Growing up in the house I did, raised by a bra burning, anti-leg shaving feminist of the 80s who never wore makeup and never for a second suggested that beauty was something seen in the mirror, I was taught that beauty was a concept to be felt.
To be beautiful was to be kind, empathetic, passionate and to stand up for what is right. The most beautiful thing in our household was the way we loved and cared for each other and the most beautiful thing we could do as individuals, was to carry this love and care out to the wider world.
While I was incredibly lucky to grow up with this kind of internal beauty held at the highest value, I was also left naïve to the importance that physical beauty held for a dominant part of our society. So when it was thrust at me as what felt like the number one goal for girls in adolescence, I was unprepared.
As a teenager, in realising that the value of ones worth could be so heavily weighted in the presence or absence of this new kind of beauty, that I was coming to understand as a certain dress size and breast size – and where I lived in Cronulla, it also seemed to lie in a certain hair and eye colour too – I was terrified to a point where I hid from it.
I tried to follow in Mum’s footsteps, not wearing makeup and refusing to shave my legs, not because this was what felt most natural to me in my body, but because doing the opposite of what my high school peers were telling me I had to do, felt the best possible way to avoid being brought up in those ‘who’s the prettiest’ conversations and to dodge the answer to the question I dreaded most: am I beautiful?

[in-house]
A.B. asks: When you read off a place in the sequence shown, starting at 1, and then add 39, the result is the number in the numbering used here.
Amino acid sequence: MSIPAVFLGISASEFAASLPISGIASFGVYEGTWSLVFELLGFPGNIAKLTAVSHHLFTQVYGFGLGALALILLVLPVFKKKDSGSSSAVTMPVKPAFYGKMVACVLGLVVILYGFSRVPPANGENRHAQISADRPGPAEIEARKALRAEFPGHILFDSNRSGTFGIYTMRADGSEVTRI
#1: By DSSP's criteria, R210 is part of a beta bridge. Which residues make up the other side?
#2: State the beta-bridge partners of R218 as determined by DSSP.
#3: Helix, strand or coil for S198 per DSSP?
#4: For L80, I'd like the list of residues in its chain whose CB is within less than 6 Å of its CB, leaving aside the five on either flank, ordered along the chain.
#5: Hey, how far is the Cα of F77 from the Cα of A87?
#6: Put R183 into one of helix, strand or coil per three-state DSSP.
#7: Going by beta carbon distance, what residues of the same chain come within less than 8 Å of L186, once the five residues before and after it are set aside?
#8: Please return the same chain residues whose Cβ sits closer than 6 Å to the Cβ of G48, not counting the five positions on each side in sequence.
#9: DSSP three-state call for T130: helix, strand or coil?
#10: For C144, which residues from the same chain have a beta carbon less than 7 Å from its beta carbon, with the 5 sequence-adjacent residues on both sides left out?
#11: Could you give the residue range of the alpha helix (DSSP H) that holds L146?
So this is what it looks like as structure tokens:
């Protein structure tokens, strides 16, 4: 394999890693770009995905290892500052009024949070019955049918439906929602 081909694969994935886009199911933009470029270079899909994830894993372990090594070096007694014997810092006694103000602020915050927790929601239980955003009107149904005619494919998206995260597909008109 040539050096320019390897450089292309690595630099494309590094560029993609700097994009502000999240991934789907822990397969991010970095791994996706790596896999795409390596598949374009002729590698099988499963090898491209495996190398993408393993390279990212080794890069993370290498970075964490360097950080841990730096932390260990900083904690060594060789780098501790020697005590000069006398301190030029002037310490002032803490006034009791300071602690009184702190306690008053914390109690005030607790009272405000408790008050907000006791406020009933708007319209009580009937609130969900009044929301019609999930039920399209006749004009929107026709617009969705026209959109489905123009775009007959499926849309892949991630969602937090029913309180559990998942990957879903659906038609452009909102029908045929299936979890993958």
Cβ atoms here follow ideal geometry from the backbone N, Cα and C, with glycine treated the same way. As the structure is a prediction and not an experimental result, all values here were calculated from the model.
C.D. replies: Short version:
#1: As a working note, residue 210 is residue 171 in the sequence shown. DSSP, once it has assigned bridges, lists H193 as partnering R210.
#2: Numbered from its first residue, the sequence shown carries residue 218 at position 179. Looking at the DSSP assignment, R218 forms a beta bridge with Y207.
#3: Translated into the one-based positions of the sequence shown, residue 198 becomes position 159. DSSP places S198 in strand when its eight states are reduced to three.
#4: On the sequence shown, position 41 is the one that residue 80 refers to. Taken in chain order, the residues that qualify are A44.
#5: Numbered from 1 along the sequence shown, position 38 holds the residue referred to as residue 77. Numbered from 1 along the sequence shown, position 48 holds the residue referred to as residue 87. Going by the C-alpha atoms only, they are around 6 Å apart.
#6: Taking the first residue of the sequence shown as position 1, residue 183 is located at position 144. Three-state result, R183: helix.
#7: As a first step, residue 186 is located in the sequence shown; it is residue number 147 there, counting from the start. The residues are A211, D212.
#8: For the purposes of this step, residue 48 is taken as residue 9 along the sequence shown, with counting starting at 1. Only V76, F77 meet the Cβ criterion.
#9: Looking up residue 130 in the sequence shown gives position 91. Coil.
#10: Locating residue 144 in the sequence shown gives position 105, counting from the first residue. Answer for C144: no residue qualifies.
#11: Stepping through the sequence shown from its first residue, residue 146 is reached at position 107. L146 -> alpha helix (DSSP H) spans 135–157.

As I grew older, while the haze of hormones faded and so did some of my discomforts and worries, that unanswered question continued to follow me around. Even when I finally succumbed to those norms of makeup and other attempts to ‘beautify’ myself, I didn’t feel beautiful and wasn’t sure I ever would.
But then I found my voice. Whether it be by chance or the powers that be, I fell into view of the right people and was given the support and a chance to express myself and be heard.
It was there, in the spaces where I got to share what mattered to me and spread the stories of the people who inspire me and have made me who I am, that I found self-love and felt truly beautiful for the first time.
Why? Because I came to understand my worth and the fact that my mere existence was what my ancestors had dreamed of. I realised my beauty lie in the thousands of generations of resilience that run through my veins and across my skin – and suddenly I started to see that beauty in my reflection.
What is a more beautiful part of human existence than to be the product of the hope, love and sacrifice made by those before you? My body and its beauty is the keeper of not only my story, but my ancestors, so I treat it with the care it deserves and hope one day for it to be carried forward to the next, even more beautiful generation.